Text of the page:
Migrants, Greece’s Varoufakis, GMOs and Ashley Madison: F&O this week

Migrants, hoping to cross into Hungary, walk along a railway track outside the village of Horgos in Serbia, towards the border it shares with Hungary, August 31, 2015. REUTERS/Marko Djurica
Migrants, hoping to cross into Hungary, walk along a railway track outside the village of Horgos in Serbia, towards the border it shares with Hungary, August 31, 2015. REUTERS/Marko Djurica

Alan and Ghalib Kurdi. Photo from Facebook page In Memory of Kurdi Family
Alan and Ghalib Kurdi. Photo from Facebook, In Memory of Kurdi Family

We focus first this week on Europe’s refugee crisis. The migration of desperate people did not begin overnight, and as always F&O’s line up includes recent news, deep context, and some opinion:

In F&O’s other sections:

Yanis-Varoufakis Photo by Jörg Rüger, Creative Commons
Yanis-Varoufakis Photo by Jörg Rüger, Creative Commons

 Yanis Varoufakis in conversation, as Syriza splinters and Greek election beckons. By Yanis Varoufakis et al

The Conversation asked nine leading academics what their questions were for former Greek finance minister Dr. Yanis Varoufakis, a man who describes himself as an “accidental economist.” His answers reveal regrets about his own approach during a dramatic 2015, a withering assessment of France’s power in Europe, fears for the future of Syriza, a view that Syriza is now finished, and doubts over how effective Jeremy Corbyn could be as leader of Britain’s Labour party. 

Nice Guys Don’t Go Looking, by Penney Kome (*unlocked)

Big news! The Ashley Madison website lied, and 35 million men  fell for it. Married men who told themselves they were willing to risk everything for a quick guilt-free fling, now find out just how much they’ve risked. Two suicides might be linked to the hack! That’s dramatic. That bleeds, so that story leads. But there’s another story here too. Women avoided Ashley Madison like the plague. They not only spotted the duplicity, they rejected the premise. 

Facts, or fictions? How PR flacks exploit Wikipedia. By Taha Yasseri

If you heard that a group of people were creating, editing, and maintaining Wikipedia articles related to brands, firms and individuals, you could point out, correctly, that this is the entire point of Wikipedia. It is, after all, the “encyclopedia that anyone can edit”. But a group has been creating and editing articles for money. Wikipedia administrators banned more than 300 suspect accounts involved, but those behind the ring are still unknown.

Can we use genetic engineering to save species? Should we? By Greg Breining (*unlocked)

To some, GMOs are the antithesis of green. Greenpeace calls them “genetic pollution,” warning on its website that “GMOs should not be released into the environment since there is not an adequate scientific understanding of their impact on the environment and human health.” But scientists — still a minority — are beginning to wonder if genetic engineering can be used to help organisms adapt to change and actually increase the biodiversity of the planet.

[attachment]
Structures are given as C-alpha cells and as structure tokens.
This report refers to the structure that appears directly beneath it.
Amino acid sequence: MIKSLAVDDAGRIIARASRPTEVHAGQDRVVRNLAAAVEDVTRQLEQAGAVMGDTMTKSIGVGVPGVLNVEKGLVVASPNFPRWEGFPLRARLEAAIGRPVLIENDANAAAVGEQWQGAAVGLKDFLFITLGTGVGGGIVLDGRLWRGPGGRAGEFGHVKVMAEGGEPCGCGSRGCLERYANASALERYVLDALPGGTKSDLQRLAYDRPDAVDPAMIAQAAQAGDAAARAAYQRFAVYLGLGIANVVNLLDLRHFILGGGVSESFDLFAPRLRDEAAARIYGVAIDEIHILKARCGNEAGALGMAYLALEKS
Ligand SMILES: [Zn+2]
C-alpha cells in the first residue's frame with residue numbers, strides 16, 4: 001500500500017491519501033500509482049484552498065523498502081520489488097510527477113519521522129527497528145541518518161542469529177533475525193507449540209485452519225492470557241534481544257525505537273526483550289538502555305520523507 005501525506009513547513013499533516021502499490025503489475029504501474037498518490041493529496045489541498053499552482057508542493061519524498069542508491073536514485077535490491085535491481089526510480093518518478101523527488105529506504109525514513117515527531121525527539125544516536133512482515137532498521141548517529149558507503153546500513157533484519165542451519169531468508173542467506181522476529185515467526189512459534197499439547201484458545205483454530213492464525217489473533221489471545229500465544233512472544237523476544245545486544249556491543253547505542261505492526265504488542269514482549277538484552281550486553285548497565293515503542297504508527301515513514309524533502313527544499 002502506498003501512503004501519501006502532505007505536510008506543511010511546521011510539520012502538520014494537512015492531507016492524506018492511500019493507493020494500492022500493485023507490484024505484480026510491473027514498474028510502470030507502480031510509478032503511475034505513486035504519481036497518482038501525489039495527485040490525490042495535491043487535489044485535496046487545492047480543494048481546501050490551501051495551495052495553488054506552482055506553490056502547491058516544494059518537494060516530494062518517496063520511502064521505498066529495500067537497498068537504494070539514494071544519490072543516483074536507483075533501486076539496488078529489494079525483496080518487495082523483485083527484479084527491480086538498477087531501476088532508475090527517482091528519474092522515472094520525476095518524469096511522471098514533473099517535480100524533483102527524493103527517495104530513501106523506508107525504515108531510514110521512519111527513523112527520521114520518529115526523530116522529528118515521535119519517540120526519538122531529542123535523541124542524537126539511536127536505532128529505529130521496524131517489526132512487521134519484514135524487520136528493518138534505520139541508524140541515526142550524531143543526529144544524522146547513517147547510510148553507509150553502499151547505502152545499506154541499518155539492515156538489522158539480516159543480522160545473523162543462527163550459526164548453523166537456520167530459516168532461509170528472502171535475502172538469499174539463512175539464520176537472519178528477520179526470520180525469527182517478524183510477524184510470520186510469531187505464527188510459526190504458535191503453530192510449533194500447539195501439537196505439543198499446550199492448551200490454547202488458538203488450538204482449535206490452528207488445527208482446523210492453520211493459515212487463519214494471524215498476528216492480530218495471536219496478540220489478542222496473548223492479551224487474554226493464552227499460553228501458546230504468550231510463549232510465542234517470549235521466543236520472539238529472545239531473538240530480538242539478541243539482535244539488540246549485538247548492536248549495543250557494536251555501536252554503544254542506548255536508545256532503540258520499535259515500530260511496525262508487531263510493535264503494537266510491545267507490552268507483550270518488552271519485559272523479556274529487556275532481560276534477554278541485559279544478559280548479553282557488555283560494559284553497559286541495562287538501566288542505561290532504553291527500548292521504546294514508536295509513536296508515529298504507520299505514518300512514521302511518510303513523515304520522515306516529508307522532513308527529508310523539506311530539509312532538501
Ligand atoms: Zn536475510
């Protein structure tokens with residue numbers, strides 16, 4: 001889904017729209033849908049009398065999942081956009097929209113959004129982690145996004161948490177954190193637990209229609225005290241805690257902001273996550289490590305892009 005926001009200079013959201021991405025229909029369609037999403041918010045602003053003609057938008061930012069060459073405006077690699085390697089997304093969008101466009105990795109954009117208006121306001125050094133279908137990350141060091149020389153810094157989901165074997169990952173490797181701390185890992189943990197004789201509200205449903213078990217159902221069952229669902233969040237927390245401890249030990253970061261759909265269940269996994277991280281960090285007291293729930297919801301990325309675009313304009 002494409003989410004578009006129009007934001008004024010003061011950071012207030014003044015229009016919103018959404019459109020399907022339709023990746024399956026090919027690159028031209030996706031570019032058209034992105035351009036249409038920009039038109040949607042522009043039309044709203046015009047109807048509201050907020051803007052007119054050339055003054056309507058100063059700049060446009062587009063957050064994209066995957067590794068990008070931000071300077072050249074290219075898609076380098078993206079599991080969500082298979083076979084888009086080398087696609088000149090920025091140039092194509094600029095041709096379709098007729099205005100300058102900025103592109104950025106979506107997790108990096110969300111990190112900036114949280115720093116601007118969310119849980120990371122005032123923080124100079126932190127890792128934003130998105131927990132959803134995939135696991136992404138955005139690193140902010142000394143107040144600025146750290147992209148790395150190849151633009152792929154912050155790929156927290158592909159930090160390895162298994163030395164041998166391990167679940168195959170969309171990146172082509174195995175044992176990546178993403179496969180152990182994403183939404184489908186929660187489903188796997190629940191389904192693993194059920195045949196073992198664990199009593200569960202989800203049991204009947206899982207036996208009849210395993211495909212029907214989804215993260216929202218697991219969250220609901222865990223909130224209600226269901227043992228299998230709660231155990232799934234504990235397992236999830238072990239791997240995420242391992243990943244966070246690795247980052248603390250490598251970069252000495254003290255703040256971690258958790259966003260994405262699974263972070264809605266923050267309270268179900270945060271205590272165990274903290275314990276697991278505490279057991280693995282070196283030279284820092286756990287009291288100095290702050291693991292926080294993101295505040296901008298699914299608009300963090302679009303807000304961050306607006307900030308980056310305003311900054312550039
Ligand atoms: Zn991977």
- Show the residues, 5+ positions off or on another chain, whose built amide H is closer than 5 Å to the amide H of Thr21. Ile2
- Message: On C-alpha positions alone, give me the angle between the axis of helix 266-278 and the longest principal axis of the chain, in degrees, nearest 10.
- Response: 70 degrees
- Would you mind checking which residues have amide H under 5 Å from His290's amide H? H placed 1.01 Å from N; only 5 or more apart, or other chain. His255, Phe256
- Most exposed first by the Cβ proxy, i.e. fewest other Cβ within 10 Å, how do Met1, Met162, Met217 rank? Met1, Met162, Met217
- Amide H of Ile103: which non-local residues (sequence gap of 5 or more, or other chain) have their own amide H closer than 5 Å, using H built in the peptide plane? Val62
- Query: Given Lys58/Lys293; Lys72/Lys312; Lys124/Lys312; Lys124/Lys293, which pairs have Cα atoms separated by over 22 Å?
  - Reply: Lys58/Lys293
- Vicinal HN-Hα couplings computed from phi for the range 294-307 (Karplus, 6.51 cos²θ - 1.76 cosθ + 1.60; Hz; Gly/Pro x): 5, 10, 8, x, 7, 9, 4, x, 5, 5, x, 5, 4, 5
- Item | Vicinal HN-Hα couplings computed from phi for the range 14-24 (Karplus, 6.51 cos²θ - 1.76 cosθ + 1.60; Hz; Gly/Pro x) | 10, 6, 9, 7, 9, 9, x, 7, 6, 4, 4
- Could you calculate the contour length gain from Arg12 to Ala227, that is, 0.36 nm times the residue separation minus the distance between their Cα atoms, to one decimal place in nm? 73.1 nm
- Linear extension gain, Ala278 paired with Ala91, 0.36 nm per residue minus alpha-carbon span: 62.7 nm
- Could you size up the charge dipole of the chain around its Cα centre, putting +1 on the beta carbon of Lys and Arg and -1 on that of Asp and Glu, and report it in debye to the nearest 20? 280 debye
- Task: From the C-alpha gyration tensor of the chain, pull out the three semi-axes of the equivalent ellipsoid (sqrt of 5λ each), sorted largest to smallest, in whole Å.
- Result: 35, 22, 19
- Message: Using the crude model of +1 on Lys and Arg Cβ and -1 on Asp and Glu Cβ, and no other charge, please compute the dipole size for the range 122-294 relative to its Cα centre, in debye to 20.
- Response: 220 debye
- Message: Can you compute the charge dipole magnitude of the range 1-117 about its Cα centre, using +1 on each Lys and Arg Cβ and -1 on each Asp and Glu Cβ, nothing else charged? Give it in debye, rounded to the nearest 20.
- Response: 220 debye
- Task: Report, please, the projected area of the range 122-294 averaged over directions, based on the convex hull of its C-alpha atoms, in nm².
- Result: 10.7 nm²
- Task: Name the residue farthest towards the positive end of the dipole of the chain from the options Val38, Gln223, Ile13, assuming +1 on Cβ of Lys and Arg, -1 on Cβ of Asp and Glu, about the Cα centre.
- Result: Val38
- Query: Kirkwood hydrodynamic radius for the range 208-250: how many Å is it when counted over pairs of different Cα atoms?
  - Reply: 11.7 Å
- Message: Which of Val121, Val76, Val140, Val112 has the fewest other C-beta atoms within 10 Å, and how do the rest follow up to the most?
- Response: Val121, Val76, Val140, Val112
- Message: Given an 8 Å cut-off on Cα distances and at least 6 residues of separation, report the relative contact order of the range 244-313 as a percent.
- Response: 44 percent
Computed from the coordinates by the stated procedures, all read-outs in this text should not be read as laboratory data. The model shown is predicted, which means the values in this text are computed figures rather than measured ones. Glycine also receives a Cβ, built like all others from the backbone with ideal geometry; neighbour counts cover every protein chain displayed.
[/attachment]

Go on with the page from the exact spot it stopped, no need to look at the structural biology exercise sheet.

WILFRED BURCHETT: A journalist’s “warning to the world,” By Tom Heenan

On September 5, 1945, Wilfred Burchett was the first Western journalist to enter Hiroshima after the bombing and was shocked by the devastation.  Under the banner “I write this as a warning to the world”, Burchett described a city reduced to “reddish rubble” and people dying from an unknown “atomic plague”. Burchett’s report has been dubbed the “scoop of the century”. At the time it was ignored.

Wes Craven in 2010. Photo by Bob Bekian  Creative Commons
Wes Craven, in 2010. Bob Bekian, Creative Commons

 In Arts:

 Physician Heal Thyself: Sharon Pollock, a Brief Encounters column by Brian Brennan (*subscription)

Canadian playwright Sharon Pollock didn’t know what to expect when she wrote a play called Doc about her workaholic physician father. Her father’s reaction surprised her. 

WES CRAVEN: the scream of our times. By Jane Witherspoon (video) and Lance Duerfahrd (essay) (*unlocked)

Only an obituary as messy as an autopsy could honor the passing of Wes Craven, the slasher-film maven who  died on August 30 at age 76. Blood flows generously in Craven’s films, which tread a delicate line between visceral impact and franchise-worthy digestibility.

The Man from U.N.C.L.E. proves spy spoofs are back in business. By James Smith (*unlocked)

The hammy spy spoof is back in the game. And now Guy Ritchie has jumped on the bandwagon. With the release of The Man from U.N.C.L.E., a remake of the popular 1960s television series of the same name, he joins a long line of authors and filmmakers who have satirised spying or spoofed the conventions of the spy thriller.

Note to readers: Jonathan Manthorpe is travelling. His column will return on September 18. 


In case you missed them, our recent stories include:



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